Fishing enthusiasts around the state may soon have reason to celebrate, as a widely-criticized law is set to be scrapped following the passage of a bill authored by Senator Tom Berryhill (R-Twain Harte) in the California Senate.
Senate Bill 187 creates a 12-month fishing license, bringing the current system of calendar-year licenses to an end.
Existing law mandates that fishing licenses be based on a calendar-year cycle, with no extra time or prorated rates given for purchases made later in the season. For example, a fishing license purchased in October is only valid through Dec. 31 of that year, meaning the angler has less time to use his or her license than one purchased in January. The current system is one of the primary causes of a decline in license sales, revenue which funds fishery and conservation programs.
Under Berryhill’s proposal, licenses would be valid for 12 months from the time of the purchase.
"Twelve-month fishing licenses are such a simple idea that would greatly improve the quality of life for so many Californians,” Berryhill said on Thursday, following the Senate’s unanimous decision to approve the bill May 31. “I want to thank my Senate colleagues and I look forward to working with members of the Assembly on this important issue.”
Recreational fishing contributes more than $4.6 billion annually to California’s economy, providing a major source of outdoor tourism, jobs and tax revenue for state and local governments. License sales have plummeted as rates increase, however, with the number of annual licenses sold decreasing by 55 percent since 1980.
Bilson’s Sporting Goods in Turlock stopped selling fishing licenses in 2007, said owner Brad Bilson, after the store noticed a decline in purchases. It was actually costing the shop more money to sell the licenses than it was making in return, he said, and Bilson blames the current fishing license system for the reduced sales.
“If you bought and paid for an annual license, you should be able to fish for an entire year,” said Bilson. “I’m totally in favor of a 12-month license.”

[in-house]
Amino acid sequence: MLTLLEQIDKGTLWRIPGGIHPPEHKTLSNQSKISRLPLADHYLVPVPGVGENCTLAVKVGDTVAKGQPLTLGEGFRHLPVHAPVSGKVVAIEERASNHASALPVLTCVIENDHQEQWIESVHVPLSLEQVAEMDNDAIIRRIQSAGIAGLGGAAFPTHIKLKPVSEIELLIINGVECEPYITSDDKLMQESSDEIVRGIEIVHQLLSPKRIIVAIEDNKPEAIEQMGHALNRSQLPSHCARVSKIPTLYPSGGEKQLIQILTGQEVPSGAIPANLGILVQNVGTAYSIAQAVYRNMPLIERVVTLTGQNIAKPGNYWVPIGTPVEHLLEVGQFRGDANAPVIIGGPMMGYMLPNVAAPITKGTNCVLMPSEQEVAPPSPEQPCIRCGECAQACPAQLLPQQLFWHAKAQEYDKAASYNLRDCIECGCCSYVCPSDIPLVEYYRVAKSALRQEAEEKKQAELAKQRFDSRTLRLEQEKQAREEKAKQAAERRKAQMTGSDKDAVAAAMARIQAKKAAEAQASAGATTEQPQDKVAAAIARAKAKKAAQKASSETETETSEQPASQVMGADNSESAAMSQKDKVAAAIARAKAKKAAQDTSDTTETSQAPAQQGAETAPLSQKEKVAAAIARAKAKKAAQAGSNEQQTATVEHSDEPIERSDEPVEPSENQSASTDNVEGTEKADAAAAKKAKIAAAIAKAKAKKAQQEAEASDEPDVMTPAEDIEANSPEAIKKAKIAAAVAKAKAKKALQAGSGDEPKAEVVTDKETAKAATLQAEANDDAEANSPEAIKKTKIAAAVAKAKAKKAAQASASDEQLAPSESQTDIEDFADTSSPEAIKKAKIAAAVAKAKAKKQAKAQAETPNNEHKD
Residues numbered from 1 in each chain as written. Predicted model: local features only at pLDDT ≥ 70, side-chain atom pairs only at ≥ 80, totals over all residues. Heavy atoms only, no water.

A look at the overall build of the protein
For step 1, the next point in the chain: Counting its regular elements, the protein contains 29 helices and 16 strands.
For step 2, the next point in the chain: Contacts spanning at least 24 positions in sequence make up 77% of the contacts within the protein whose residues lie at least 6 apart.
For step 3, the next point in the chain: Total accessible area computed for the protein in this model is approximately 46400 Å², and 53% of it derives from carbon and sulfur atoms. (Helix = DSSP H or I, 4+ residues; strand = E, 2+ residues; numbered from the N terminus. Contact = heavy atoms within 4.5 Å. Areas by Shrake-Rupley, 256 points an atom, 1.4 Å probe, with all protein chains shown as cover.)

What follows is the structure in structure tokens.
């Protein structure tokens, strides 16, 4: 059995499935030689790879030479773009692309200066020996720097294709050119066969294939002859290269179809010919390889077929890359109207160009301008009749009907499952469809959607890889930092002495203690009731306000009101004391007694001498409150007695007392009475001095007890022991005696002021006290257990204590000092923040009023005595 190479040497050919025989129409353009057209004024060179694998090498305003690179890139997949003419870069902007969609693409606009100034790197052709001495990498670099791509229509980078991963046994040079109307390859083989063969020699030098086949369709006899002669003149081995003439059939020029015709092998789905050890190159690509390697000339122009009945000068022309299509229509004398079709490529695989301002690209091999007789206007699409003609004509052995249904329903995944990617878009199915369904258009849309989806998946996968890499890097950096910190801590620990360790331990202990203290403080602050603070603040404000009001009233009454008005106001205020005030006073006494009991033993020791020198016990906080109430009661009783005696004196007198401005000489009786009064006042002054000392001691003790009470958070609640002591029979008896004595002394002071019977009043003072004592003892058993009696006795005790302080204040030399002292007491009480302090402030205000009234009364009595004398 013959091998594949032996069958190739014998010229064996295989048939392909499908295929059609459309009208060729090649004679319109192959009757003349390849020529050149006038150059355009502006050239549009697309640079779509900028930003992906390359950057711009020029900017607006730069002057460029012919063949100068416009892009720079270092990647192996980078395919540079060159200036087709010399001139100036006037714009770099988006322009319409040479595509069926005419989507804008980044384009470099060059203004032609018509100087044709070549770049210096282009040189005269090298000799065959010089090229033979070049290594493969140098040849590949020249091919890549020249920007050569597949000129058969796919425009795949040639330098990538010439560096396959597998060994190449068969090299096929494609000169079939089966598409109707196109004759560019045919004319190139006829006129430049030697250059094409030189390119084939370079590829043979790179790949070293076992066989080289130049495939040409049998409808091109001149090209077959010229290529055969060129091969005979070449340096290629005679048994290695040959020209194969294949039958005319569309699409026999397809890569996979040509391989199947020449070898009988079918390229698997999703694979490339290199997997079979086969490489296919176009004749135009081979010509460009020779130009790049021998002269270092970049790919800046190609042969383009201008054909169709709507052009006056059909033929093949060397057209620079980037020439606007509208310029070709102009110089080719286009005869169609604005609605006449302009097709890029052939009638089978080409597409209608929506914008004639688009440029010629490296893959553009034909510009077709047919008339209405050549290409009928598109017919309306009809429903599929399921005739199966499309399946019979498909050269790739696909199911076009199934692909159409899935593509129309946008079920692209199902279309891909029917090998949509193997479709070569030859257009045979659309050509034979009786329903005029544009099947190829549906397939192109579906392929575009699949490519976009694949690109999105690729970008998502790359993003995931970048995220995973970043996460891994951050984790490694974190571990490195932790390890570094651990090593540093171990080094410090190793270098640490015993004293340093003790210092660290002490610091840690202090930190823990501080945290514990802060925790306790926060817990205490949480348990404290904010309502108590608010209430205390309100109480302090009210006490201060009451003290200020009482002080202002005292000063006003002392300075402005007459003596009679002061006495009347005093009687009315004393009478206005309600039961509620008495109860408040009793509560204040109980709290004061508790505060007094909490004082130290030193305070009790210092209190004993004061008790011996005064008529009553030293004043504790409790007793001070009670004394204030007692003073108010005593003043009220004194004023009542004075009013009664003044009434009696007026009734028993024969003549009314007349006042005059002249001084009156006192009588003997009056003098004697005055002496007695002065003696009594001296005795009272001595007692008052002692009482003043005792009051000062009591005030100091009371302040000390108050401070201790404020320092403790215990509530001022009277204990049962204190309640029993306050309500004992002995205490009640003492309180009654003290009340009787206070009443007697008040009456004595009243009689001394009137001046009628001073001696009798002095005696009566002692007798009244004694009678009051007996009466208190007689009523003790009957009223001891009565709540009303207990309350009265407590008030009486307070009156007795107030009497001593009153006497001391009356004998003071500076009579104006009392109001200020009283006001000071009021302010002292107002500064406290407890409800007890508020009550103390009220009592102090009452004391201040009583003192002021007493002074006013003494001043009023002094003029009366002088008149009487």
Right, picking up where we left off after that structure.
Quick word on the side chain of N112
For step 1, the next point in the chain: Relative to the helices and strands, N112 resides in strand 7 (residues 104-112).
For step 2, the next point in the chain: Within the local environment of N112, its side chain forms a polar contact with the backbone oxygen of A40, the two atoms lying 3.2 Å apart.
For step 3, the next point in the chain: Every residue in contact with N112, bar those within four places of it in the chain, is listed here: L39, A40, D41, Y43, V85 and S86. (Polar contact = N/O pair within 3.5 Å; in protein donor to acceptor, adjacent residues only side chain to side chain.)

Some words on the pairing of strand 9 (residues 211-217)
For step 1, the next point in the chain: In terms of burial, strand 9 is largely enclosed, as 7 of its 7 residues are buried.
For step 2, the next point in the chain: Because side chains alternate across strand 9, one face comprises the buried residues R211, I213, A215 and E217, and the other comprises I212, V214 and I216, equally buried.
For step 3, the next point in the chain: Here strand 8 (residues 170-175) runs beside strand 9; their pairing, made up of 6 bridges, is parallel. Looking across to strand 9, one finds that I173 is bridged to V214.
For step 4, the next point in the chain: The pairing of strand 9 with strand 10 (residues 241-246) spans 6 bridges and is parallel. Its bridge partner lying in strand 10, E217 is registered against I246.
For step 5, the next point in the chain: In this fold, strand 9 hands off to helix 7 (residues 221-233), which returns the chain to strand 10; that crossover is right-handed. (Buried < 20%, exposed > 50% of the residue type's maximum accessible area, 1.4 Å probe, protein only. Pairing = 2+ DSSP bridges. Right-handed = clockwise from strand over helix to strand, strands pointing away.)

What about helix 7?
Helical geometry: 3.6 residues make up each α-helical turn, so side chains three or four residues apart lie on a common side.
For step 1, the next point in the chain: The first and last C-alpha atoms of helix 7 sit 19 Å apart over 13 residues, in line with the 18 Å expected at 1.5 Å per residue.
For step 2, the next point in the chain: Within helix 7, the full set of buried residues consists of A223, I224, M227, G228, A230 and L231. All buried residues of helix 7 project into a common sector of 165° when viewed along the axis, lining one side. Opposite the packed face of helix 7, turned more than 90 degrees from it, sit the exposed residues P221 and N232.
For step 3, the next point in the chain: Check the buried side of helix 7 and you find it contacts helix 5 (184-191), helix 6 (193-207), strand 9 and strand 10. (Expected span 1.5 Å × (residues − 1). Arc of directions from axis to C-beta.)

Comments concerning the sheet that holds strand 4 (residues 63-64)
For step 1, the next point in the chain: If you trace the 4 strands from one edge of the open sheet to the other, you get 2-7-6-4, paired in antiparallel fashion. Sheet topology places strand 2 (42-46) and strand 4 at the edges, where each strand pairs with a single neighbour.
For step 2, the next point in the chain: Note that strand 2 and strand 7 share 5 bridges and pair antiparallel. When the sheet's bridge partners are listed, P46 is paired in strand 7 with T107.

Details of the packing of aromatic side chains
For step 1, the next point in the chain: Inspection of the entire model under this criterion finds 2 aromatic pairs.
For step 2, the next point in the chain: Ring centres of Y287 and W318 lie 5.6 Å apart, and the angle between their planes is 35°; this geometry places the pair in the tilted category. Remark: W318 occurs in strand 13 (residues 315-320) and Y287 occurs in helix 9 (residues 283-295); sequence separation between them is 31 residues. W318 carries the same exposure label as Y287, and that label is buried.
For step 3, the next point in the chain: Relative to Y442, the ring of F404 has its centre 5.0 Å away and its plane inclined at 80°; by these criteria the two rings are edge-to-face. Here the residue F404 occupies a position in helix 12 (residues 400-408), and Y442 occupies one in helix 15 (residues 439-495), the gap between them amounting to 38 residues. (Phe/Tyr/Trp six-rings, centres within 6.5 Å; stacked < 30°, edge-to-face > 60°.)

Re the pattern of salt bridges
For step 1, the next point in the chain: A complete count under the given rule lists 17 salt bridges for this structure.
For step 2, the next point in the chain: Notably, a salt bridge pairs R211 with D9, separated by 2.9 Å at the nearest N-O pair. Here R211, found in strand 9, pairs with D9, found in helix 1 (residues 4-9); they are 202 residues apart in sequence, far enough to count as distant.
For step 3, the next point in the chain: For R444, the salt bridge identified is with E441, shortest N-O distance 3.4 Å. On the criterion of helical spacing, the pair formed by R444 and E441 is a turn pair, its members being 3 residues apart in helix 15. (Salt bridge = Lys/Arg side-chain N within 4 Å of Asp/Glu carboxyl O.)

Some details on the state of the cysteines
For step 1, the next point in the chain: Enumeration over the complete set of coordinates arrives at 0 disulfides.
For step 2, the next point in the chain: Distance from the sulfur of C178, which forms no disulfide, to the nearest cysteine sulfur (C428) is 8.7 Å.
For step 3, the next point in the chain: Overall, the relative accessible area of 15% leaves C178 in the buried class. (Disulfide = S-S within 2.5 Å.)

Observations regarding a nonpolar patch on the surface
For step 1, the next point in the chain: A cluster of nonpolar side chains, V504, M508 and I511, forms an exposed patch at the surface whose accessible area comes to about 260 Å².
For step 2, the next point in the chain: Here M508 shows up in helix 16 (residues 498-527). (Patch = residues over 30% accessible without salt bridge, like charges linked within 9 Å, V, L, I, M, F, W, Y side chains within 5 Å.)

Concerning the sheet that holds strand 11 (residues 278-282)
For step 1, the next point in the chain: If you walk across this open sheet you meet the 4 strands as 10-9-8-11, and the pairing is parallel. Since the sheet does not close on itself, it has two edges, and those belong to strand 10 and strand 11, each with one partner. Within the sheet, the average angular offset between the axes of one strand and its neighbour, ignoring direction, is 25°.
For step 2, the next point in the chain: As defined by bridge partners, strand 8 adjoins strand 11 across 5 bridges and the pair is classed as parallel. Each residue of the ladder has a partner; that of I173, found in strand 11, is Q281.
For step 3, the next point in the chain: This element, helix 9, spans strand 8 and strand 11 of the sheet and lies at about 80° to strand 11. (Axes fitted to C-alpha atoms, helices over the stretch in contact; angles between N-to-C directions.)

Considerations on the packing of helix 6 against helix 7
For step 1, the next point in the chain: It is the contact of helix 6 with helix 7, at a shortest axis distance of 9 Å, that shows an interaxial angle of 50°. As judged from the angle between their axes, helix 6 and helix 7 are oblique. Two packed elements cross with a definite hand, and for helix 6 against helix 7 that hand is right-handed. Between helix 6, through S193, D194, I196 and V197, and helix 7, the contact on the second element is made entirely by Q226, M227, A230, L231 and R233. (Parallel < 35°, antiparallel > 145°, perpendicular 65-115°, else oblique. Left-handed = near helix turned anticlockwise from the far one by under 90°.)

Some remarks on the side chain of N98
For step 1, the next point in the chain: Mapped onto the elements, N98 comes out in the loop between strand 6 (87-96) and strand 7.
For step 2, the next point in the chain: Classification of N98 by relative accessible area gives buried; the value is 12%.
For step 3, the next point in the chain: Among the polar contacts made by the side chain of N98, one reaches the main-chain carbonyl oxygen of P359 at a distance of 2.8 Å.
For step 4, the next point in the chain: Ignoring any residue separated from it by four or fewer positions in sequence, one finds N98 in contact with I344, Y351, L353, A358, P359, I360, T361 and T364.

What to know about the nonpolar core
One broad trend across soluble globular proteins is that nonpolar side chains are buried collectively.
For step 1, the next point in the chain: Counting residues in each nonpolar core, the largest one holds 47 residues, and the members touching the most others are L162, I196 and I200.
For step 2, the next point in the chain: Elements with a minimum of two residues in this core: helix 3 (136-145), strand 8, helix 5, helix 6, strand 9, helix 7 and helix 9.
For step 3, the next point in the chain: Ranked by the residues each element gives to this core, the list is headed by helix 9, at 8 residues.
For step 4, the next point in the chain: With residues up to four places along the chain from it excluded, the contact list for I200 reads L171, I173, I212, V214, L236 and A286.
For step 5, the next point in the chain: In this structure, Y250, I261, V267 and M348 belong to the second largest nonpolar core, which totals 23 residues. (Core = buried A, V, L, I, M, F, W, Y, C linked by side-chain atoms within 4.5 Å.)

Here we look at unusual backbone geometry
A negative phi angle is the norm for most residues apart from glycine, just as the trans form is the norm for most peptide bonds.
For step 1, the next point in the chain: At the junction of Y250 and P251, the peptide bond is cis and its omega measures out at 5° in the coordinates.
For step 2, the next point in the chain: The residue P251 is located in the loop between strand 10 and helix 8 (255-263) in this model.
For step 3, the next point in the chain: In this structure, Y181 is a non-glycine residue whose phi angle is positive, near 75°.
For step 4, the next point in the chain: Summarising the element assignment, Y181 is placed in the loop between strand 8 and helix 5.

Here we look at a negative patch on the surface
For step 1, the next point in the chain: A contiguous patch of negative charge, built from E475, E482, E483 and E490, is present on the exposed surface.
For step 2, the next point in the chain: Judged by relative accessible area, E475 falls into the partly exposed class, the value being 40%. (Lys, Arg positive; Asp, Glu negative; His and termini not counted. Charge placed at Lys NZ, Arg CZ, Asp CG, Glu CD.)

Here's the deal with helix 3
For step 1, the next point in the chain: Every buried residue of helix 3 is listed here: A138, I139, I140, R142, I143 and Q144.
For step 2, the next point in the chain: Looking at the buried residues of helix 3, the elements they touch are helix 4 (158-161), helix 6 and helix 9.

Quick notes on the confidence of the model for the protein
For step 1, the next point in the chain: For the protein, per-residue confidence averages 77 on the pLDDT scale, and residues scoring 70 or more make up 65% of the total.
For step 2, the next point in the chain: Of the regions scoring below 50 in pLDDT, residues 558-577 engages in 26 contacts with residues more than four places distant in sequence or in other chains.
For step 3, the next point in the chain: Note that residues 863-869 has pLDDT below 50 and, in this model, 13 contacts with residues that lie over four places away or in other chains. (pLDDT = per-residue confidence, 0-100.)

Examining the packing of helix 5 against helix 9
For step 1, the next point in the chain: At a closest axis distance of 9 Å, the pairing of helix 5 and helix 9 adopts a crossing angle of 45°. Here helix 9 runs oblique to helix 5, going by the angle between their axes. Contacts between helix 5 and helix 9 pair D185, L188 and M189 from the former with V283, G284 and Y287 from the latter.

Bilson believes that offering a 12-month license, rather than a calendar-year license, would promote fishing throughout the state and likely increase the number anglers.
“I think more people would buy a license,” he said. “Now, they might sell less one- and two-day licenses, but I think it’s a good thing that they want to change it.”
Turlock resident Ricardo Lemus, an avid fisherman, stated that under the current system, he often feels rushed or obligated to use his license if he has purchased it later in the year than usual.
“Lots of people have jobs or have other things to do besides fishing, and it feels like a waste of money if people were to purchase the license and not use it at all,” said Lemus. “I would definitely like to see it changed, that way it gives men and women a chance to fish for that whole year, whenever they choose to.”
SB 187 now goes to the State Assembly for a final vote. If passed, the legislation would make California the 12th state to sell 12-month fishing licenses.
“This bill would not only improve access to recreational fishing, it will protect California jobs dependent on outdoor tourism,” said Berryhill. “Labor unions, state and local chambers of commerce, anglers, tourism groups and everyday Californians recognize that California’s antiquated fishing licensing program has proven to be a barrier to participation.”